Written by Paul Glatzhofer, VP of Talent Solutions
Previously published by PSI Talent Management or Cubiks, prior to becoming Talogy.
It’s never too early to start looking ahead. In fact, your organization may already be finalizing its budget for the coming year. Most organizations have realized the importance of hiring, developing, engaging, and retaining their leadership talent – no surprises there. They have also found value in using an objective and reliable measurement method to identify leadership and high potential talent.
However, some organizations still struggle to get buy-in from senior executives (those who hold the purse strings) and lack budget approval for one of the most important drivers of organizational success. If you are renewing your leadership assessment budget or trying to get executive support for the first time, these seven facts will help you get budget approval.
Seven Leadership Assessment & Succession Planning Facts:
- Leaders who score above average on a leadership assessment are 50% more likely to be successful in the role. Being able to measure and accurately predict which leaders are going to be successful is an invaluable part of the succession planning process.
- Leader turnover is 5 times higher for those who score below average on the assessment. Although predicting turnover is typically not the goal of a leadership assessment or succession planning initiative, it is an important outcome. Our validation data shows that we see a much higher percentage of leaders leaving the organization who score low on the assessment.
- Leaders who score above average retain their staff at a rate of 3% higher than their lower performing peers. This should come as no surprise, but it is an important finding. Depending on the size of your organization this 3% could be a huge number of employees (and thus a huge cost savings).
- Leaders rated as average to above average were 2 times more likely to be promoted. This is also a no-brainer but an important piece of the puzzle. If we are assessing individuals for potential, we would expect that they realize that potential and eventually get promoted.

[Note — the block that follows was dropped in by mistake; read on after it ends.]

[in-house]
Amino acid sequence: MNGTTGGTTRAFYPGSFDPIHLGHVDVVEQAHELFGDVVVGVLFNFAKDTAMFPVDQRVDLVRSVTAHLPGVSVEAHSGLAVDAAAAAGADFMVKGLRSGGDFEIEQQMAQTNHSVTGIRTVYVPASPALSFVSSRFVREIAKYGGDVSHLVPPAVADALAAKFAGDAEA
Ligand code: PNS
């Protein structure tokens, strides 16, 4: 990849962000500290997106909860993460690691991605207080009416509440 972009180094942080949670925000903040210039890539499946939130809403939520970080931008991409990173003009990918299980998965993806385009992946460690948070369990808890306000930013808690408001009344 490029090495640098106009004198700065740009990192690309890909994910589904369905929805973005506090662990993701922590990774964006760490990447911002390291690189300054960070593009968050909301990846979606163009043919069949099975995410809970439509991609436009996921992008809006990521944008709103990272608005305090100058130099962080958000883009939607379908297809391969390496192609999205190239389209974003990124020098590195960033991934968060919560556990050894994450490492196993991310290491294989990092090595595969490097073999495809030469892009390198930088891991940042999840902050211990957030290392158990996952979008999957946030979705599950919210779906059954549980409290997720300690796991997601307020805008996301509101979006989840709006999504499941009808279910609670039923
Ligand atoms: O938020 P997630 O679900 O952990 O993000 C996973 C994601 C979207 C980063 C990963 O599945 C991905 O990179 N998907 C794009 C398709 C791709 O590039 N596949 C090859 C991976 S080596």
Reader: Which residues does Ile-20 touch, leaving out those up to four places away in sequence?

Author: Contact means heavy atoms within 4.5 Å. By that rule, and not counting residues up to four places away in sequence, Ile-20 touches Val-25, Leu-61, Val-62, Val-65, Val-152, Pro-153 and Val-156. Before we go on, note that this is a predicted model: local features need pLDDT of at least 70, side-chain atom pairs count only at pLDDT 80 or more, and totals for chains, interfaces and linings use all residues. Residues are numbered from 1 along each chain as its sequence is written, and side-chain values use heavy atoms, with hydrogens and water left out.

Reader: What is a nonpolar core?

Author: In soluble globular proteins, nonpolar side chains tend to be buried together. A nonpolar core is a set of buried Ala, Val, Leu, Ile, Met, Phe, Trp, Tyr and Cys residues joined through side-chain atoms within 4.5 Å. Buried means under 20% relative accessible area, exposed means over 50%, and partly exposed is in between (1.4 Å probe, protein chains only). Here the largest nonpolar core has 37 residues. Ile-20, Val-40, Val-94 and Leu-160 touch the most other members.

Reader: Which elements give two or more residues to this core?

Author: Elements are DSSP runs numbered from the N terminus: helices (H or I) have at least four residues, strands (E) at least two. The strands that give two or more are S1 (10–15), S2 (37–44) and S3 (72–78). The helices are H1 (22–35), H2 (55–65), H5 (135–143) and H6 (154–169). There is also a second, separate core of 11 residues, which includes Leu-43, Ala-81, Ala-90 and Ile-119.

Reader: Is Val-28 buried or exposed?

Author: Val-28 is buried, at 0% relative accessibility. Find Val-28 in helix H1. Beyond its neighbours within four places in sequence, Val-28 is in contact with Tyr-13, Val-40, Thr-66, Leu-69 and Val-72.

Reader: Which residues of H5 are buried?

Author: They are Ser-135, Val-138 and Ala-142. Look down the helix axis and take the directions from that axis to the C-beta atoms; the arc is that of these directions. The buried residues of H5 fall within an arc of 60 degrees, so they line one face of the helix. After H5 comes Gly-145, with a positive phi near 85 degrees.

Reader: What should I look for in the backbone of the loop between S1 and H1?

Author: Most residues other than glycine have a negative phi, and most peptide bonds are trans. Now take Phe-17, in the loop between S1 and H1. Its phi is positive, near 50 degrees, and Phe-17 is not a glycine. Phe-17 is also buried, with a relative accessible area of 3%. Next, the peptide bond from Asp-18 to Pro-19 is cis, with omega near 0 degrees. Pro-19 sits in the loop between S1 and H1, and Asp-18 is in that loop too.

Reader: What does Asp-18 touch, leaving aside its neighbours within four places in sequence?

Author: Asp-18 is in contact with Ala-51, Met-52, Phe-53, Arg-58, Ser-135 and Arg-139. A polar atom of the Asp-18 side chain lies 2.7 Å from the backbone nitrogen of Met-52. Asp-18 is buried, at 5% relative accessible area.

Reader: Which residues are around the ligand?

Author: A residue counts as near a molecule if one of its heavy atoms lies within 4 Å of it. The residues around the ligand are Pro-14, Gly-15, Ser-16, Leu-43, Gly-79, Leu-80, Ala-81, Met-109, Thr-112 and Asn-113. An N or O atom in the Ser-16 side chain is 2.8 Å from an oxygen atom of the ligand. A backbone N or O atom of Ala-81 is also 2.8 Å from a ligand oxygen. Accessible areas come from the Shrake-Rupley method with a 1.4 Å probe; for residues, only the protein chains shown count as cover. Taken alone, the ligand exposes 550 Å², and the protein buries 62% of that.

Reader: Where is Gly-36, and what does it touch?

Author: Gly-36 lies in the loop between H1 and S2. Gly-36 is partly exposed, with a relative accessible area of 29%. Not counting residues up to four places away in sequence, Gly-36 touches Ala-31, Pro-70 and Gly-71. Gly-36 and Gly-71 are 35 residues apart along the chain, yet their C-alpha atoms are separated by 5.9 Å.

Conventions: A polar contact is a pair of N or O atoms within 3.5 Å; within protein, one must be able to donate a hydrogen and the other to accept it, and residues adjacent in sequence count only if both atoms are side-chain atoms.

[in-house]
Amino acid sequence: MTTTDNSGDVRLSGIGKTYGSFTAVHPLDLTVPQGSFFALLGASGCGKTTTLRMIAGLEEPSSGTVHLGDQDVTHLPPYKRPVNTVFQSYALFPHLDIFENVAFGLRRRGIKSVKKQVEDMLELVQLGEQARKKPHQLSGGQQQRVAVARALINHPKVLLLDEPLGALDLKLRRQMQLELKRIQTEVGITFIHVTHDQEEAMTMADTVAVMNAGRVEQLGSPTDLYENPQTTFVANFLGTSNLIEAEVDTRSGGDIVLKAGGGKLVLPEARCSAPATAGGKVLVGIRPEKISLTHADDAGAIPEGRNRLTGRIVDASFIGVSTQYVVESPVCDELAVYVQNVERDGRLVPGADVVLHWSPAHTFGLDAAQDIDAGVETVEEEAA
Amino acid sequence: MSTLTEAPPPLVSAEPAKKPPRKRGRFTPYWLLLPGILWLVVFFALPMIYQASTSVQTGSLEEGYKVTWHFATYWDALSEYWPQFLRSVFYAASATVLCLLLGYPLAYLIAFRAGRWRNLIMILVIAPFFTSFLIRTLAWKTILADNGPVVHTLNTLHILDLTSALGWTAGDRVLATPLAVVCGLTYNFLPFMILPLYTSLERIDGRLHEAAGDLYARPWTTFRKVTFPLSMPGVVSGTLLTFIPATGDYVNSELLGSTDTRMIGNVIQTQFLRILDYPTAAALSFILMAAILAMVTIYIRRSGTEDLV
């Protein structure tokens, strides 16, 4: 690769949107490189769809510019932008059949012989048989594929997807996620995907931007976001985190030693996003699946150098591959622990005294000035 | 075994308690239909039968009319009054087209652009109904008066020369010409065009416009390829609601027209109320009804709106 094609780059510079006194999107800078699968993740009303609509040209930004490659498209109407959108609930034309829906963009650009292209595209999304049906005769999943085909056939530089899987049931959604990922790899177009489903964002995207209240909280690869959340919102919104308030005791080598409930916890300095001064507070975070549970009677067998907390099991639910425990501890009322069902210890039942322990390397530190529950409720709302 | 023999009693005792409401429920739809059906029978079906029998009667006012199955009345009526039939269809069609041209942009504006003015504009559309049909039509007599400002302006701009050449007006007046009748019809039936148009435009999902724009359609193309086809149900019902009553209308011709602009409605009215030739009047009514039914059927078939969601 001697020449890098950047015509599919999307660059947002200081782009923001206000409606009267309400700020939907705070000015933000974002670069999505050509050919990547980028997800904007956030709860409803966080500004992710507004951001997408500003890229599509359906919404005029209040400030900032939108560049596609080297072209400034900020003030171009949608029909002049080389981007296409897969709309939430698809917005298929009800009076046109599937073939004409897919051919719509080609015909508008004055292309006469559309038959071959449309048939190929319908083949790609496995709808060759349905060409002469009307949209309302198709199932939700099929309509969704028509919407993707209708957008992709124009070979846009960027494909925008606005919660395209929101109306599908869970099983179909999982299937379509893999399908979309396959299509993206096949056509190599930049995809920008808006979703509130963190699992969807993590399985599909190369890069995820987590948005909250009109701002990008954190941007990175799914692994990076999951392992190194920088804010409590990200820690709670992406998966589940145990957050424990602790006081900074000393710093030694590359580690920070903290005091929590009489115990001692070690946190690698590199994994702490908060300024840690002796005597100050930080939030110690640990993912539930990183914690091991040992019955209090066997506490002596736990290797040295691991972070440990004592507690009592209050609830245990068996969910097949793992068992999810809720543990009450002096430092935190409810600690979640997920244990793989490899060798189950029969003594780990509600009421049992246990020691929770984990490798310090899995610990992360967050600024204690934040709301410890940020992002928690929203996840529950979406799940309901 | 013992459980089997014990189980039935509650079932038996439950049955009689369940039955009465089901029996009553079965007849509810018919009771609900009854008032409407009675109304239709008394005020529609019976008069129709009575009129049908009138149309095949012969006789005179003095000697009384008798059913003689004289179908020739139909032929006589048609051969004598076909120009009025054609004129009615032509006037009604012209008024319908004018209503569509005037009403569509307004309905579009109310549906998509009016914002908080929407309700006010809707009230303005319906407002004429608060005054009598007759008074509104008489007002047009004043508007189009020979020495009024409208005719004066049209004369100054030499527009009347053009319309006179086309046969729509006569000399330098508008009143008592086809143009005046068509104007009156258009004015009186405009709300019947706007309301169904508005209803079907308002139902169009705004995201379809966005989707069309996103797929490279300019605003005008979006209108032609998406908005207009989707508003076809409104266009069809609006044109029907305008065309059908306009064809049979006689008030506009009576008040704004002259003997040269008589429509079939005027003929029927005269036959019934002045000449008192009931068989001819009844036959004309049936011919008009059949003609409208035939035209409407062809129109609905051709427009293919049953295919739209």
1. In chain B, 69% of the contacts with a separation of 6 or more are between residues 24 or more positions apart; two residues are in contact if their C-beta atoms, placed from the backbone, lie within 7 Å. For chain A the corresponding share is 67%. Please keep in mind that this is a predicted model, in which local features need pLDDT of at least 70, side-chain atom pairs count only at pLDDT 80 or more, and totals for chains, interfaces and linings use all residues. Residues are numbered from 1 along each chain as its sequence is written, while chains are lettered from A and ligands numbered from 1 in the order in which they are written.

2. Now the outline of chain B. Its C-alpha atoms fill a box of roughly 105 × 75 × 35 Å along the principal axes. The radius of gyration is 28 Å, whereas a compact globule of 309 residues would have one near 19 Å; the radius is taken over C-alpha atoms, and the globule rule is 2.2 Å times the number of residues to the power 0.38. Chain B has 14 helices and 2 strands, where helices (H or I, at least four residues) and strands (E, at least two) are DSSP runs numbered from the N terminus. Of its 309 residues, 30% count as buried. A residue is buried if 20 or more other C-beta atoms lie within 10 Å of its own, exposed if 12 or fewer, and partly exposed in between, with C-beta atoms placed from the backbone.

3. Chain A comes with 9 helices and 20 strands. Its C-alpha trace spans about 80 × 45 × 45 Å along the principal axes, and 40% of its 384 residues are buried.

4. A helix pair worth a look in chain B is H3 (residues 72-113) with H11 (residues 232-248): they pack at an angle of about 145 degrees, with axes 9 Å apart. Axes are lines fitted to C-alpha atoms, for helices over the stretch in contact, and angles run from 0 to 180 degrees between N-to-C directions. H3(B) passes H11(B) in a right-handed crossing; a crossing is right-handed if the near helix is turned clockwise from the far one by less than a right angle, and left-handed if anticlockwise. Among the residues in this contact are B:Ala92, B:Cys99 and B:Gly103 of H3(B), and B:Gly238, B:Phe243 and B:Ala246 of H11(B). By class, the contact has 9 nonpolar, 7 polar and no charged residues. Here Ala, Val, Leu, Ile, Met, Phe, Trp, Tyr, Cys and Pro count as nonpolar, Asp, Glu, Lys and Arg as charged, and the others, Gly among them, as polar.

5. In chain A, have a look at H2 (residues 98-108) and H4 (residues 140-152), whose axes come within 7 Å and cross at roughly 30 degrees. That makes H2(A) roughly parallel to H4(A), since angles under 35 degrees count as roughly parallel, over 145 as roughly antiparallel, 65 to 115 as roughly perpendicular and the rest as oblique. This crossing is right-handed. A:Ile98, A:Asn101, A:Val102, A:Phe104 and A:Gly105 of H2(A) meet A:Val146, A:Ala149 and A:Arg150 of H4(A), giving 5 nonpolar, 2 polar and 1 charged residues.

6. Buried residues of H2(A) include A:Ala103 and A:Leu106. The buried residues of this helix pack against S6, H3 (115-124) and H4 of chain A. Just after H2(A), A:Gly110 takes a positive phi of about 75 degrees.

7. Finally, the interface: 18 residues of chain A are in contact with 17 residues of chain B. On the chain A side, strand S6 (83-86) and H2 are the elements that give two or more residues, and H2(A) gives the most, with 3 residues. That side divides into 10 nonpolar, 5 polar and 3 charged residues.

- Executives with high scores had 46% higher engagement scores for their employees. Similar to the retention figure, companies are seeing that high performing leaders engage their staff in a way different than others. This can result in huge gains in engagement scores with effective leaders.
- Executives who scored above average were twice as likely to be good change agents. This might be one of the most important findings in our validation data – although on the surface it may not seem that way. Almost every company we work with are looking for effective leaders who can help them manage their way through a super competitive and global market. Many companies are having to reinvent the way they do business to stay relevant. Hiring leaders who are “change agents” will help organizations accomplish this goal.
- The average cost to replace a bad executive level hire is 5 times their annual salary. There are many facts and figures discussed with regard to the replacement costs. For executive level hires it is typically cited as 2.5 times their annual salary. It is easy to do the math and figure out how much this could cost you.
The research over the last 50 years in the area of leadership selection and development is clear. Focusing on your high potentials within the organization is not only important, but imperative in order to compete in today’s environment.
These facts are taken from PSI’s own research on how our leadership assessment model predicts important organizational outcomes. Sometimes those who hold the purse strings are not thinking about how important a well-defined leadership assessment and succession planning process can be. It is our job as leaders, consultants, and human resource practitioners to educate others and show them the long term benefits associated with a focus on leadership talent. While it may feel like just another line item in the budget, this should be something every organization takes seriously.